|Appears in Collections:||Management, Work and Organisation Journal Articles|
|Peer Review Status:||Refereed|
|Title:||Demographic change and labour markets|
Wright, Robert E
|Citation:||Lisenkova K, McQuaid R & Wright RE (2010) Demographic change and labour markets, Twenty-First Century Society, 5 (3), pp. 243-259.|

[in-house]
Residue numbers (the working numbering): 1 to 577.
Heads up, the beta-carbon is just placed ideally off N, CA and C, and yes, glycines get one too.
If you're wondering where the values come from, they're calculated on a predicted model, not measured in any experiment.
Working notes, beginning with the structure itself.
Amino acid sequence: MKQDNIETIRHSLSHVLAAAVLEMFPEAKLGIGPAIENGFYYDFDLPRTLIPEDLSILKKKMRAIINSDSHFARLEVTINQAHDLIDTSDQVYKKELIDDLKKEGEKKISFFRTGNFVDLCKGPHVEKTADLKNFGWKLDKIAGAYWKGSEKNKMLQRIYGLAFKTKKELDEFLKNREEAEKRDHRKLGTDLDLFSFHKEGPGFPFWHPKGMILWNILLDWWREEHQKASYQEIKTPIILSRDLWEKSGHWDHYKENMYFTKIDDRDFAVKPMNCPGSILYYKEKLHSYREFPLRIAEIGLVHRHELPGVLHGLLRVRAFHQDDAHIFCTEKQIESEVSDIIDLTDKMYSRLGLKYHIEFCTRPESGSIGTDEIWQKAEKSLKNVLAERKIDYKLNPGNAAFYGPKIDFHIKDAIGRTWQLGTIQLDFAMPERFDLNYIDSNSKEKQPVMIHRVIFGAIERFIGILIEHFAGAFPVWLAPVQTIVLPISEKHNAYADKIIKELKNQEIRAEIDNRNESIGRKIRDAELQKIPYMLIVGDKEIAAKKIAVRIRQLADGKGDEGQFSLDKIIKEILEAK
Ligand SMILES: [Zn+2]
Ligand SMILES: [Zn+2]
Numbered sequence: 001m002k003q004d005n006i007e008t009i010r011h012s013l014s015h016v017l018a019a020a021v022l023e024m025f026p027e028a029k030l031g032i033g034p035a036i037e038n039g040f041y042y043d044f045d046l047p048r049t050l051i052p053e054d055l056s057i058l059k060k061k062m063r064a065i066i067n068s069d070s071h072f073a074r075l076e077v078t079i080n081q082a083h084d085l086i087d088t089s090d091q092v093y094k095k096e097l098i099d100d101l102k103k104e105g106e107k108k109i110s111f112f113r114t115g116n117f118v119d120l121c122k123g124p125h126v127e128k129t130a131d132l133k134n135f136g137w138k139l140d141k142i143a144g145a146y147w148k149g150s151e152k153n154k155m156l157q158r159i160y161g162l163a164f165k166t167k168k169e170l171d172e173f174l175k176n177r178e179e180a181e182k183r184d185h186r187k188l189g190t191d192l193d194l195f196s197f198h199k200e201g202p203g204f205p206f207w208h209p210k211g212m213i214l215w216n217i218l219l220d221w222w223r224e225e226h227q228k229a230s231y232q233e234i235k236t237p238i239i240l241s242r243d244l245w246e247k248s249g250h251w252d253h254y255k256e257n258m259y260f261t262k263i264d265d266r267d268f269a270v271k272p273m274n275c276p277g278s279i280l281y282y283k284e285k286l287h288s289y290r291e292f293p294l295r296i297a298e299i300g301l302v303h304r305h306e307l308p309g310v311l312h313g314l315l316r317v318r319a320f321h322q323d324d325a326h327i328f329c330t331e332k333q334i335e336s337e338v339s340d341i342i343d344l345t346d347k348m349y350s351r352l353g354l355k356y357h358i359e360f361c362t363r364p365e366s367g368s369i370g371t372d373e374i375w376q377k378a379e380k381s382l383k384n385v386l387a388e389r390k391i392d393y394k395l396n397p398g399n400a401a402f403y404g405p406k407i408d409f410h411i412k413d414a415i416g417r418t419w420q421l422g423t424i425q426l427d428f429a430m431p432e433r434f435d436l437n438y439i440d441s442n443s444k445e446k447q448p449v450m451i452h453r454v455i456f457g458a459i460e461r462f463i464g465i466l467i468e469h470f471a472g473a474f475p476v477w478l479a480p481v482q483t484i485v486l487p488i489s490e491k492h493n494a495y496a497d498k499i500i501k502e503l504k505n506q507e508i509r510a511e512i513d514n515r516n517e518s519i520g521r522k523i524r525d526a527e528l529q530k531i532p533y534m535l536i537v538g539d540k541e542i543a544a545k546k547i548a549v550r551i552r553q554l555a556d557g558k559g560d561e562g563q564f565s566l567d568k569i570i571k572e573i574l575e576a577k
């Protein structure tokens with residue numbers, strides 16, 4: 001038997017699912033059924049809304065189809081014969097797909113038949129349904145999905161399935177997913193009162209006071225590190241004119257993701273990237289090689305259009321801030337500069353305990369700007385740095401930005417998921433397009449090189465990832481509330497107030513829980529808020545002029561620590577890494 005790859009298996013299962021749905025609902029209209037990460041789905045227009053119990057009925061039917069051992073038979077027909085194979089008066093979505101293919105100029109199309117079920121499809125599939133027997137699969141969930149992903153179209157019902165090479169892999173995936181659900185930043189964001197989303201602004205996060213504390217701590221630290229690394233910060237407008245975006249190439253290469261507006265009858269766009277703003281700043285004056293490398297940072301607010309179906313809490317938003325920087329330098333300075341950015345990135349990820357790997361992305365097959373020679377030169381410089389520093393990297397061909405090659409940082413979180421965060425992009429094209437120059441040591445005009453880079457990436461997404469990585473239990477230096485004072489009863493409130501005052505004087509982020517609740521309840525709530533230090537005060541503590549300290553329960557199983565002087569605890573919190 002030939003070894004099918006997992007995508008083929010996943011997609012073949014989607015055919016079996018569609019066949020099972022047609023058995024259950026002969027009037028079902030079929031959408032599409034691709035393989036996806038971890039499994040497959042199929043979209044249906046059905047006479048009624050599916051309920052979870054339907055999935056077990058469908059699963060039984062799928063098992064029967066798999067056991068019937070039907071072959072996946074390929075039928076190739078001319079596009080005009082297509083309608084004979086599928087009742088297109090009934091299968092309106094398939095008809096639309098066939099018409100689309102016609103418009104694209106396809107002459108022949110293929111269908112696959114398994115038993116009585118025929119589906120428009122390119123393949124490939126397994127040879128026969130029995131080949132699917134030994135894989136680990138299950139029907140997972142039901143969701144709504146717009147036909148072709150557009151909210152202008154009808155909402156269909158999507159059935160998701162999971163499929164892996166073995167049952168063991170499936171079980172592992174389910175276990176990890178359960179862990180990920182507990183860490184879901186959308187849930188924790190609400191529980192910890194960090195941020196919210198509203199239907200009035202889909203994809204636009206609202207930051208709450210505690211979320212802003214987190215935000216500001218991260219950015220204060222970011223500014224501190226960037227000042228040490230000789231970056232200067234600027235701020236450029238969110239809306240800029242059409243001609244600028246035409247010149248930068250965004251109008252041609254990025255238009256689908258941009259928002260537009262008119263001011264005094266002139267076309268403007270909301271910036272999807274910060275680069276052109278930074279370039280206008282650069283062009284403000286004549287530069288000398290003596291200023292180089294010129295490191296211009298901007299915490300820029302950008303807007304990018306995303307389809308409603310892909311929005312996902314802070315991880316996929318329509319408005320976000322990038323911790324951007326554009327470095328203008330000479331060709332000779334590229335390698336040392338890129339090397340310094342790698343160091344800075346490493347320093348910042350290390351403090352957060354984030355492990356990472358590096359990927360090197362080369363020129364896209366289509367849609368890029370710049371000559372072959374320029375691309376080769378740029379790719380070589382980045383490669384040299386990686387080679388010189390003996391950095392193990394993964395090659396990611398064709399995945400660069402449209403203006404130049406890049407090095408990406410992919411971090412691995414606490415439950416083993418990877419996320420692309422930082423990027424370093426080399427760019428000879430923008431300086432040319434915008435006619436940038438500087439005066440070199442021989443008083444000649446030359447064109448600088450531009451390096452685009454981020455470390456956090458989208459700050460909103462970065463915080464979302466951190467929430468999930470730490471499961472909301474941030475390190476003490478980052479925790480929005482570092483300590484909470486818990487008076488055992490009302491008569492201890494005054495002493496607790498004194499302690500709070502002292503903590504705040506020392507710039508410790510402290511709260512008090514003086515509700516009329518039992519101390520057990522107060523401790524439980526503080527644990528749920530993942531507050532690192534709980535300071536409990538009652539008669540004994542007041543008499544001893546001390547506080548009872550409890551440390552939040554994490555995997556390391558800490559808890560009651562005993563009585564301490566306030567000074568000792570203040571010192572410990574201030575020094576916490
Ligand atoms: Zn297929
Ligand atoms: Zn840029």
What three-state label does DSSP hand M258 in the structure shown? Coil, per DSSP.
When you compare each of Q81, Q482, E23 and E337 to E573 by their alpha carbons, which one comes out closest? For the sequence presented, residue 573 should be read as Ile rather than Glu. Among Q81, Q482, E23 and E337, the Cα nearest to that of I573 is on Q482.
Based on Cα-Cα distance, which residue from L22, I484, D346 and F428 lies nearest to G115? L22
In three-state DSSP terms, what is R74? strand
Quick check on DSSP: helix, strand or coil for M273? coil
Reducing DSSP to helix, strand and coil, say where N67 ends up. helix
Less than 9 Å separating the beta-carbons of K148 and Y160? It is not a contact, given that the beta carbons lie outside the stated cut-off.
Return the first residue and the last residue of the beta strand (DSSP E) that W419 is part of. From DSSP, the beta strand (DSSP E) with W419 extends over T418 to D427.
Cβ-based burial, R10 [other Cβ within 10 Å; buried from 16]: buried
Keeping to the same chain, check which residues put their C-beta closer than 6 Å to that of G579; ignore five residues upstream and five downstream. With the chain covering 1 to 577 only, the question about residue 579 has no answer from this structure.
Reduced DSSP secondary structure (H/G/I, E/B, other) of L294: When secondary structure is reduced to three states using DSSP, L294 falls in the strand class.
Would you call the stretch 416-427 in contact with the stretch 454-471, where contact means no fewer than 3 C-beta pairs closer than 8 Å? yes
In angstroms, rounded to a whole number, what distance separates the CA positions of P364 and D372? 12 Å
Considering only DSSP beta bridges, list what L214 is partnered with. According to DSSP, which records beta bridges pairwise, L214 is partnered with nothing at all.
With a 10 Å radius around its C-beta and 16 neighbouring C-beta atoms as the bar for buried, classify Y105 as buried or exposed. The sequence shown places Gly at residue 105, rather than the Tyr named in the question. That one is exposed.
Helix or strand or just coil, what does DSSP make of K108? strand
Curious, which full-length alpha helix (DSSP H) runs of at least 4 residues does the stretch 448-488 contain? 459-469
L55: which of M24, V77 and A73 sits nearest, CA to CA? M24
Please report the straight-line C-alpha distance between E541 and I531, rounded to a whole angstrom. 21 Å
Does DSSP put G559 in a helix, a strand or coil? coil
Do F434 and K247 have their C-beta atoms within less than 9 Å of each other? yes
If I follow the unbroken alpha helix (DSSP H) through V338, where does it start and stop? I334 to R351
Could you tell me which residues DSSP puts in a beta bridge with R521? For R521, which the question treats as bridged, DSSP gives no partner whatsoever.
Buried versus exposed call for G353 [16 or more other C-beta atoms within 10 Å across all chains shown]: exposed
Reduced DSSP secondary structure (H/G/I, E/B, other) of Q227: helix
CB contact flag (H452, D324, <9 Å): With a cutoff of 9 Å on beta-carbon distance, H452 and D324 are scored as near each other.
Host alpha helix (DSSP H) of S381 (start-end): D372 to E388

|Abstract:||Two processes are expected to increasingly characterise demographic change in the 21st century in many countries: population ageing and potential population decline. Although there are links between population ageing and population decline, they will affect the labour market in different ways. As a population ages, so will its labour force, with an increasing share of older workers and a decreasing share of younger workers. Assuming no changes in age-specific labour force participation rates, population decline will result in a shrinking of the labour force, particularly in those where the female participation rates are already high. Developed and developing countries are going to be affected by these demographic processes in different ways during the next four or so decades. Both groups of countries are going to experience labour force ageing. However, the size of the potential labour force in developing countries will still increase significantly during this period, while it is likely to decline in many developed countries. To address the issue of increasing dependency associated with a potentially declining labour force, developed countries are likely to try to increase productivity and labour force participation rates, especially of older workers, as well as to use immigration to counteract labour force decline.|
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